peacock chair

Hans Wegner

Hans Jørgen Wegner, (April 2, 1914 - January 26, 2007), was one of the most innovative and prolific of all Danish furniture designers that made mid-century Danish design internationally popular. His work belongs to a minimalist school, but preserves function. He is probably best known for his many chairs of genuine craftmanship.

Early years

Born to a cobbler, he got an early start working as a child apprentice to a carpenter. After serving in the military he went to technical college and then to the School of Arts and crafts and the Architectural Academy in Copenhagen. Even his earliest objects, like an armchair with sloping armrests like relaxed wrists (a 1937 design for an exhibit at the Museum of Decorative Arts), exhibited Wegner's approach of "stripping the old chairs of their outer style and letting them appear in their pure construction."

Mid years

Wegner worked for some time for Arne Jacobsen, another famous Danish designer. Wegner was in charge of the furniture in the Aarhus Municipal Hall, which Jacobsen designed. After some years under Jacobsen, Wegner started his own company. Along with fellow architect, he drew furniture for FDB (a Danish chain of grocery stores), spearheaded by Erik Kold - who founded an organization of Danish furniture makers that launched Danish design abroad.

Later years

In his later years Wegner became more attached to PP Møbler (which produces most of his designs today) for whom many of his later designs were made. He remained active throughout his life, continually showing new original ideas and concepts. The Hoop Chair, originally designed in 1965 with a steel tube base and finally put into production made entirely in wood in 1985 (for PP Møbler) is completely without precedent. Wegner has designed furniture for PP Møbler, Johannes Hansen, Carl Handen & Son, Fritz Hansen, Getama, Fredericia Stolefabrik and others. He designed over 500 chairs and retired from public life only in the last decade of his life.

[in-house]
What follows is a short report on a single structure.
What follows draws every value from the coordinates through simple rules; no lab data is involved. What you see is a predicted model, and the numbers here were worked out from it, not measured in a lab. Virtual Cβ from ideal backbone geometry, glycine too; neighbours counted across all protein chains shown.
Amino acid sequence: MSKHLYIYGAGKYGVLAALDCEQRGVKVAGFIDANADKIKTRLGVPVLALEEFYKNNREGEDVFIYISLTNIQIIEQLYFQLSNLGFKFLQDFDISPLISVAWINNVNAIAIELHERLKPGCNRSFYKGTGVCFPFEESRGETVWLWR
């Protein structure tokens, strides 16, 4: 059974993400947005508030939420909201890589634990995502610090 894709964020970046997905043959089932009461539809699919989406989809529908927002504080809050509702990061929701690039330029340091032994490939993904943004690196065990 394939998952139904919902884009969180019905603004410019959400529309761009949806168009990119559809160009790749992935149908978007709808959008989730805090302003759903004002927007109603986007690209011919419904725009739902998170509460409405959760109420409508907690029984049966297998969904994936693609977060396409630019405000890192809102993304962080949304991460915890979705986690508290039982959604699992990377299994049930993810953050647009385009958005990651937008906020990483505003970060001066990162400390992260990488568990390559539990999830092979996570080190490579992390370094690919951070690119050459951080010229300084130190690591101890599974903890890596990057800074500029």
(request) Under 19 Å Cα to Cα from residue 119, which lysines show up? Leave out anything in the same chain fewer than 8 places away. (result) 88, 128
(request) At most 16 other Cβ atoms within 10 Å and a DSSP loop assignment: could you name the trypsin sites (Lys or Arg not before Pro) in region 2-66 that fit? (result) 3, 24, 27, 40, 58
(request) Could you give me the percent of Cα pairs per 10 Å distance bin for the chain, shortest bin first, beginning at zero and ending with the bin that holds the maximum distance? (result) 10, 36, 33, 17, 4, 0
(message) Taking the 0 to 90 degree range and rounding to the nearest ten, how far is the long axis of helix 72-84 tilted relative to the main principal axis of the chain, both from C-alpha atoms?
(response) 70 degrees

Wegner received almost all major honors given to designers, from the Lunning prize in 1951 and the Grand Prix of the Milan Triennale in the same year, to the Prince Eugen medal in Sweden and the Danish Eckersberg medal. In 1959, he was made honorary Royal designer for industry by the Royal Society of Arts in London. His furniture is part of all major design museum collections in the world: The Museum of Modern Art in N.Y., Die Neue Samlung in Munich and twenty other Museums.


Wegner's chair designs were manufactured primarily by PP Møbler and Carl Hansen & Søn, and were made with the modern, sculptural idea that they could stand on their own, rather than as parts of a furniture set. The "Peacock" chair from 1947, with a slatted back rest fanning out to evoke the bird's plume, was inspired by the traditional "Windsor" chair. His 1949 folding chair was made to be hung on the wall, and his "Shell" chair from the same year experimented with curving the wood in three dimensions to form the seat. The multi-purpose "Valet" chair, designed in 1953, had elements for hanging up or storing each piece of a man's suit. The backrest is carved to be used as a coat hanger, pants can be hung on a rail at the edge of the seat and everything else can be stowed in a storage space underneath the seat. In 1960 he came out with several variations on the "Ox" chair which came with or without horns, and was a fine example of the line Wegner could masterfully walk between elegance and playfulness. "We must take care," he once said, "that everything doesn't get so dreadfully serious. We must play--but we must play seriously." In more recent years he has continued to design chairs and has also worked with lighting, such as the "Pole" lamp created in 1976 with his daughter Marianne. Wegner has stated that, "the chair does not exist. The good chair is a task one is never completely done with."


  • Peacock Chair (1947)
  • Wishbone Chair (Y Chair) (1949)
  • Flag Halyard Chair (1950)
  • The Chair (1949)
  • Circle Chair (Hoop Chair) (1965- 1986)
  • Papa Bear Chair (1951)
  • Chinese Chair, different variations (1944-1945)
  • The Ox Chair (1960)
  • The Wing Chair (1960)
  • The Shell Chair (1963)
  • The Valet Chair (1943)


"Many foreigners have asked me how we made the Danish style. And I've answered that it...was rather a continuous process of purification, and for me of simplification, to cut down to the simplest possible elements of four legs, a seat and combined top rail and arm rest."

"The chair does not exist. The good chair is a task one is never completely done with."

"A chair is to have no backside. It should be beautiful from all sides and angles."


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